How can workplaces keep millennials on board?
The desires, goals and career expectations of millennials are often a bit of a mystery to senior managers.
Comprising of those born between the early 1980s and early 2000s, these individuals were raised in a completely different environment than the previous generation, and thus have varying expectations from their work. Often, their ambitions are high and they are ready to get the most they can out of their job.
A recent survey from Deloitte has exposed what this group wants from their workplace and how managers have a key role to play in keeping them engaged over a long period of time.
Will being a good boss make them stay?
While having a good relationship with your younger employees is considered a positive aspect, recent research from the University of Illinois found it may not be enough to make your employees stay on with the company. The researchers found there was little correlation between employer relationships and employee turnover.
44 per cent of millennials are planning to leave their current role in the next two years.
One of the authors of the report, Professor Ravi Gajendran, explained that building a strong bond with an employee could actually bring more benefits to the business in the future.
"If you have a good relationship with an employee who's left to join a client or competitor, you can leverage that relationship and potentially use them as a source of future business or as a back-channel source of information," he stated.
According to the Deloitte survey, 44 per cent of millennials are planning to leave their current role in the next two years. Of this group, 71 per cent feel there are not enough development opportunities for them in their current company.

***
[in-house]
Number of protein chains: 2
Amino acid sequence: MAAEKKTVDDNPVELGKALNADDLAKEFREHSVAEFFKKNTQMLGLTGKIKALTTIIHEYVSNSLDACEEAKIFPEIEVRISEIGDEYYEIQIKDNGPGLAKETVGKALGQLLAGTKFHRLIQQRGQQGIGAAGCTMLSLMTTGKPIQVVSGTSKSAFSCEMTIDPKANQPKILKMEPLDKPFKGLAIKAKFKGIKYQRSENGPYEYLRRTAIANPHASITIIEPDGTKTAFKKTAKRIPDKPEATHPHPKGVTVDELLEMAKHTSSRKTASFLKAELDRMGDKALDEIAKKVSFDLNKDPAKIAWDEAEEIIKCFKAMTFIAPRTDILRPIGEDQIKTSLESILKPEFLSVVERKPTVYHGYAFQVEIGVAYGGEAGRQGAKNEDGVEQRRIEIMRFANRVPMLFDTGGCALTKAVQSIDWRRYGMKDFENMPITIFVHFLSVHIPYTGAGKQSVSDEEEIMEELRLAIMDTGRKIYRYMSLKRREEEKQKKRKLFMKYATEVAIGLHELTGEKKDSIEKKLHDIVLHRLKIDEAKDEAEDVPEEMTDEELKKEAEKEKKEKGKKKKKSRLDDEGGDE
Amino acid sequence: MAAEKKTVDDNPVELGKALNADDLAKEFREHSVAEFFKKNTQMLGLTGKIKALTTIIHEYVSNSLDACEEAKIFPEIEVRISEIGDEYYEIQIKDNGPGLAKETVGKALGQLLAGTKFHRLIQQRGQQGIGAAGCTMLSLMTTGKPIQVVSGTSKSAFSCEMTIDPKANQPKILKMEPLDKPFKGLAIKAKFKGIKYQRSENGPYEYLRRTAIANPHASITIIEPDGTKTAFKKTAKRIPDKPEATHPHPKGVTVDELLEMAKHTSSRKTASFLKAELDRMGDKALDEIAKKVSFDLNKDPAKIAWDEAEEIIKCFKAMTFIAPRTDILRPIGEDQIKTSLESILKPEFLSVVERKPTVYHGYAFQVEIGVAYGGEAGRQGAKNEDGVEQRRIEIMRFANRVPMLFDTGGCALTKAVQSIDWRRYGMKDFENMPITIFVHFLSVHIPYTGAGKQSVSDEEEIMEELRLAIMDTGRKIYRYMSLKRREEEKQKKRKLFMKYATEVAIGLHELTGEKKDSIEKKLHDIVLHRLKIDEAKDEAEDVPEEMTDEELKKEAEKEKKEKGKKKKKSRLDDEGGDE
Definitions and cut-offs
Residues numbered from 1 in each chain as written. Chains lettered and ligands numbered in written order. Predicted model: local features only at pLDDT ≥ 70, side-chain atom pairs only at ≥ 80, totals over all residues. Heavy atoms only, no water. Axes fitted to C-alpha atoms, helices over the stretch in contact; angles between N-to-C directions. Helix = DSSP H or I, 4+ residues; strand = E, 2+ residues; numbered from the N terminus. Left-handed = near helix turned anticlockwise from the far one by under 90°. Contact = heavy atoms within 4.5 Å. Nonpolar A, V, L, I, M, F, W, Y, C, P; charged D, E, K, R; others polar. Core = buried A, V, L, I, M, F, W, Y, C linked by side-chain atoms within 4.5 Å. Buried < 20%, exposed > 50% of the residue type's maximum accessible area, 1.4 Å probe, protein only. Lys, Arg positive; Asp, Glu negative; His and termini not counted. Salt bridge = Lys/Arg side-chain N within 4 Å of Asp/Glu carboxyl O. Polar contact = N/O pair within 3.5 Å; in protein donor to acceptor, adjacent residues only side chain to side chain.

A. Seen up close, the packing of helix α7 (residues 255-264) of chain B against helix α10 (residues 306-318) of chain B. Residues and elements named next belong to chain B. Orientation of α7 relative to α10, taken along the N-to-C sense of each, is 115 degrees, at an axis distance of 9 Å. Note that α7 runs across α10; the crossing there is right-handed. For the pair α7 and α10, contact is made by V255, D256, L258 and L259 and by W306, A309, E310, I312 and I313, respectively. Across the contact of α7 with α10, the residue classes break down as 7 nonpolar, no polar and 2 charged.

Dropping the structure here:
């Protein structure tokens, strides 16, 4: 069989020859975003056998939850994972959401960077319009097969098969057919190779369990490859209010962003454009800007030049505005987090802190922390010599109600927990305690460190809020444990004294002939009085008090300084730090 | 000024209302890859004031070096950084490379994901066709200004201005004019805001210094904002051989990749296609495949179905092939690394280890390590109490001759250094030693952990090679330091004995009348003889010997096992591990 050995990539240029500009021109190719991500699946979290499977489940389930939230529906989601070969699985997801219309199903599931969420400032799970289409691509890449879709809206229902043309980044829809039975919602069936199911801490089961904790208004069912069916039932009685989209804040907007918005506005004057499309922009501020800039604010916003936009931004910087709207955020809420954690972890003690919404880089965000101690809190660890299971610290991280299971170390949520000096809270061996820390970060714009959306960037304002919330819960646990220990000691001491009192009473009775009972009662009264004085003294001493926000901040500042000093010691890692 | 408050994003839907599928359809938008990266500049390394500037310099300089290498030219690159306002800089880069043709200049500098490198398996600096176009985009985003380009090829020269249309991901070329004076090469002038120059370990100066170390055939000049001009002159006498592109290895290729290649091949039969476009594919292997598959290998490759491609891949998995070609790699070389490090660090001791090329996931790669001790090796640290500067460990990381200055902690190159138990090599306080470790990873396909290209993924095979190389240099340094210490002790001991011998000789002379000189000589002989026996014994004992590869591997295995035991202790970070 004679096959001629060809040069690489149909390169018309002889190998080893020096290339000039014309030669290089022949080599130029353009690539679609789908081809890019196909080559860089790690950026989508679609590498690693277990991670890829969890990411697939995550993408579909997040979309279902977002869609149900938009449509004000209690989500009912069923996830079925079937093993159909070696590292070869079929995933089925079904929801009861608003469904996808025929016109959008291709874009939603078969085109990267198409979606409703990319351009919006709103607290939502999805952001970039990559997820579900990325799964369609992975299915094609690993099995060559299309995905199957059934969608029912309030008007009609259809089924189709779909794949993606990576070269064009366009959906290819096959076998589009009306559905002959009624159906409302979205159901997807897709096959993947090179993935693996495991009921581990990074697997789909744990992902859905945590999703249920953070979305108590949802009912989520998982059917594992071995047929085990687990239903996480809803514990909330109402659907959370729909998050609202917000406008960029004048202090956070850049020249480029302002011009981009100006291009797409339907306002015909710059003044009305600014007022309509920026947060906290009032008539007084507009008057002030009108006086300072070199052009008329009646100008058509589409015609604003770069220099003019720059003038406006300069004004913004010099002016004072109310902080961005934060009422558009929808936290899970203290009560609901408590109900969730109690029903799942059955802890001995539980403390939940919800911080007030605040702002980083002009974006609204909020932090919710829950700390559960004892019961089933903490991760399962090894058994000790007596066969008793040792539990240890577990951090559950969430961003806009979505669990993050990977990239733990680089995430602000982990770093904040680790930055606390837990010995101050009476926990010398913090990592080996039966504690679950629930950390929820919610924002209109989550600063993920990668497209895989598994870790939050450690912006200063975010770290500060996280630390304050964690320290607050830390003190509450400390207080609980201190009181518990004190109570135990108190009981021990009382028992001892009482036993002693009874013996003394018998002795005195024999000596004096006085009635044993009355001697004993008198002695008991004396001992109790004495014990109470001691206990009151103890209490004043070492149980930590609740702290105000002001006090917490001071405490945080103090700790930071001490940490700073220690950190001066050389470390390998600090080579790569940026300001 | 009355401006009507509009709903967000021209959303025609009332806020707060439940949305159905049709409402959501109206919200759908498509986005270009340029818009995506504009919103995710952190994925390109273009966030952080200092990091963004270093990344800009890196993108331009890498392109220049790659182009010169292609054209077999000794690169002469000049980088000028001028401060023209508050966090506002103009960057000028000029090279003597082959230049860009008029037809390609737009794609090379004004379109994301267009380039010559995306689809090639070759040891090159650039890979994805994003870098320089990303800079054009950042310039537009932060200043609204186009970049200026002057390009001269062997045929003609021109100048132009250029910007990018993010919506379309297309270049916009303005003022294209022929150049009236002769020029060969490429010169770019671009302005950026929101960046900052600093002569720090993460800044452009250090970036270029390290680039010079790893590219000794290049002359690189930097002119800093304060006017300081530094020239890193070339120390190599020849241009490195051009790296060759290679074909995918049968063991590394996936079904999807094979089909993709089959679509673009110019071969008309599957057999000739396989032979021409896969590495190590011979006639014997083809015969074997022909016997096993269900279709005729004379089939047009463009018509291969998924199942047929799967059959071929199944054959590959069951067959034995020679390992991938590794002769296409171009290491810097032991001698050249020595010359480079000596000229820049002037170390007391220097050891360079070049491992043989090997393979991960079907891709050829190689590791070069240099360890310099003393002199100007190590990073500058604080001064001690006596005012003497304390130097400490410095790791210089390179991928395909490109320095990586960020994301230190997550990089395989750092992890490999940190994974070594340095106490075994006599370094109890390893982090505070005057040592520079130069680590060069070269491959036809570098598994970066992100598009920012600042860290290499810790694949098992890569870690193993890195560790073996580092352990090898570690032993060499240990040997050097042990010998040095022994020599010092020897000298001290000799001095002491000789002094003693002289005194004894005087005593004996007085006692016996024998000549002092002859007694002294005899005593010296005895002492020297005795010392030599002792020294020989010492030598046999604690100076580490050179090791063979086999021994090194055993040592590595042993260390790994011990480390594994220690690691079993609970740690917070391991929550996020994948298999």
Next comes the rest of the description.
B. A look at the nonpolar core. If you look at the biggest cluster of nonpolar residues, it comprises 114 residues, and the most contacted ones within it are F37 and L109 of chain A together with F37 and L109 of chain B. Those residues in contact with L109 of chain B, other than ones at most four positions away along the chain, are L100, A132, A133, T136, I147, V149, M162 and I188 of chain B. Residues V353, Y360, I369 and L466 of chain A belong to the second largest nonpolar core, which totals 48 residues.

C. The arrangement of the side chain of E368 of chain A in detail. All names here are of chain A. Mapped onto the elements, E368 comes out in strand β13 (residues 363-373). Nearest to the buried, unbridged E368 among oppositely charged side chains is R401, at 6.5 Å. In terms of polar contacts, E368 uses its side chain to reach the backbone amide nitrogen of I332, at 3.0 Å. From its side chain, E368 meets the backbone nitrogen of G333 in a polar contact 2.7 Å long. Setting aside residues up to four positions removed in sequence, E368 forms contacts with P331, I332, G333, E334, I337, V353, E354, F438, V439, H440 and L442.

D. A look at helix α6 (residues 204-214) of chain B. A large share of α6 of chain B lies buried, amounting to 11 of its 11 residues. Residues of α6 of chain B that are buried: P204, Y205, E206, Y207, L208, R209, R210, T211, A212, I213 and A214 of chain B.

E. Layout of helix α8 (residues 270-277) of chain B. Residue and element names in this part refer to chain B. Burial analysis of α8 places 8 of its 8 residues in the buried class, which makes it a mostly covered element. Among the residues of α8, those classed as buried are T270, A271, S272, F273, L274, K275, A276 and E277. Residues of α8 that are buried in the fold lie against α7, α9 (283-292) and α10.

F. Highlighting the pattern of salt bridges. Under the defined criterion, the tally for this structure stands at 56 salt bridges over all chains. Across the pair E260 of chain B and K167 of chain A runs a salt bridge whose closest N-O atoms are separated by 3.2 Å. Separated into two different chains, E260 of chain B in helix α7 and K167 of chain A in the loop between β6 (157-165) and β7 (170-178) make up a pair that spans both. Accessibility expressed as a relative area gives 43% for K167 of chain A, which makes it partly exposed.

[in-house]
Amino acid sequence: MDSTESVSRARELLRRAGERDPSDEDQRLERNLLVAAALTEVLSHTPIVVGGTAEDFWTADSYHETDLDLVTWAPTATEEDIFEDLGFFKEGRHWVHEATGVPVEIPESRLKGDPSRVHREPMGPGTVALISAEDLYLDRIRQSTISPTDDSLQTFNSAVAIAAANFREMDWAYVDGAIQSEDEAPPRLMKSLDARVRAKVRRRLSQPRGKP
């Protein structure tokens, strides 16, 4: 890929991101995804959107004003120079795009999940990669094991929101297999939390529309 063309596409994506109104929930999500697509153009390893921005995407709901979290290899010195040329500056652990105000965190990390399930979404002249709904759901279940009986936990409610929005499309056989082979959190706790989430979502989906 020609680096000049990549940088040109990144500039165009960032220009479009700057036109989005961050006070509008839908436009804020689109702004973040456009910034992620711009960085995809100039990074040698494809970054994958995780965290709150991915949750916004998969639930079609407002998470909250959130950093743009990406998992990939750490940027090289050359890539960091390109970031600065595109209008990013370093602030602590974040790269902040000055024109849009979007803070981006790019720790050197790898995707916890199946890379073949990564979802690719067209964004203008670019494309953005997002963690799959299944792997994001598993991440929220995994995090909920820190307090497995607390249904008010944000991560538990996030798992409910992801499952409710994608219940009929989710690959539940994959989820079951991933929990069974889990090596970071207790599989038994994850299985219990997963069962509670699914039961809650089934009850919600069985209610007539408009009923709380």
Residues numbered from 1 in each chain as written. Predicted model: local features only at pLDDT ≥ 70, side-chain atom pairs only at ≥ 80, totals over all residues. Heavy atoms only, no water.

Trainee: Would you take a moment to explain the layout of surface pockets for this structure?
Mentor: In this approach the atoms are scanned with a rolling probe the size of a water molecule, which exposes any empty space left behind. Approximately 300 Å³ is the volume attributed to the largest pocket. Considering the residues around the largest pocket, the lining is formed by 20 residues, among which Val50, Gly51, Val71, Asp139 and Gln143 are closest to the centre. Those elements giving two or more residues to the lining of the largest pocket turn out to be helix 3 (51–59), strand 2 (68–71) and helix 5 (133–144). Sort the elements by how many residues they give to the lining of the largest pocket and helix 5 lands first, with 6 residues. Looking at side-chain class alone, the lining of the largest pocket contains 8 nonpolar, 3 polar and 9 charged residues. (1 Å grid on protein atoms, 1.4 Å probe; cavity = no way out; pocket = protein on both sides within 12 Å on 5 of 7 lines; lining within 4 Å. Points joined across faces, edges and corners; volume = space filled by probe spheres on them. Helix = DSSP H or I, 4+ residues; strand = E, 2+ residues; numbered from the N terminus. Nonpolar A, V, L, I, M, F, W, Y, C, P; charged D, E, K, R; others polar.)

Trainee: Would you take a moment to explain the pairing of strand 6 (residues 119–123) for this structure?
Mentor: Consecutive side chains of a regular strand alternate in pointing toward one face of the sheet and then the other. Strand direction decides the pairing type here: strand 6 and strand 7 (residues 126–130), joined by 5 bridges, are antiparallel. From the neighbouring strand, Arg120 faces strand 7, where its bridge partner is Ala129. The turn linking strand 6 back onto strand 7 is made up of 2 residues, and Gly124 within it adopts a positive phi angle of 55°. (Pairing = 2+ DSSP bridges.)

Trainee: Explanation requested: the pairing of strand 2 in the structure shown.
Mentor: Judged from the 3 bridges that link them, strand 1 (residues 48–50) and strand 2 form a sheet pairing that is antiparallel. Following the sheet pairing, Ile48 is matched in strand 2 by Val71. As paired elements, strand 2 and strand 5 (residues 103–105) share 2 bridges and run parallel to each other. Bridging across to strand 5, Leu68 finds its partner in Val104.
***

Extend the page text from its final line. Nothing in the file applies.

In many cases, a worker may leave for new opportunities as a natural part of career progression. However, there may be an opportunity for an employee to return to a company much further down the line. Building strong relationships should offer better prospects for recruitment in the future, meaning it is worth investing time and effort in getting to know your young employees.
Becoming a career guide
Taking the one-on-one approach is often a good way to encourage leadership skills. A recent survey from Robert Half revealed that 41 per cent of employees aged 18 to 35 had a mentor, compared to the overall average of 24 per cent.
Bill Driscoll, District President under Robert Half explained the immense potential for older workers to offer knowledge to their younger colleagues, as well as gaining new skills of their own.
"A mentor can help navigate career challenges, provide encouragement, and share insights from past successes and failures," he explained. "Frequently, mentors inside the company end up being strong career advocates for those they take under their wings, helping them rise through the organisation."
In order to properly develop meaningful leadership opportunities, businesses should consider establishing mentorship programs to help engage both older workers and millennials.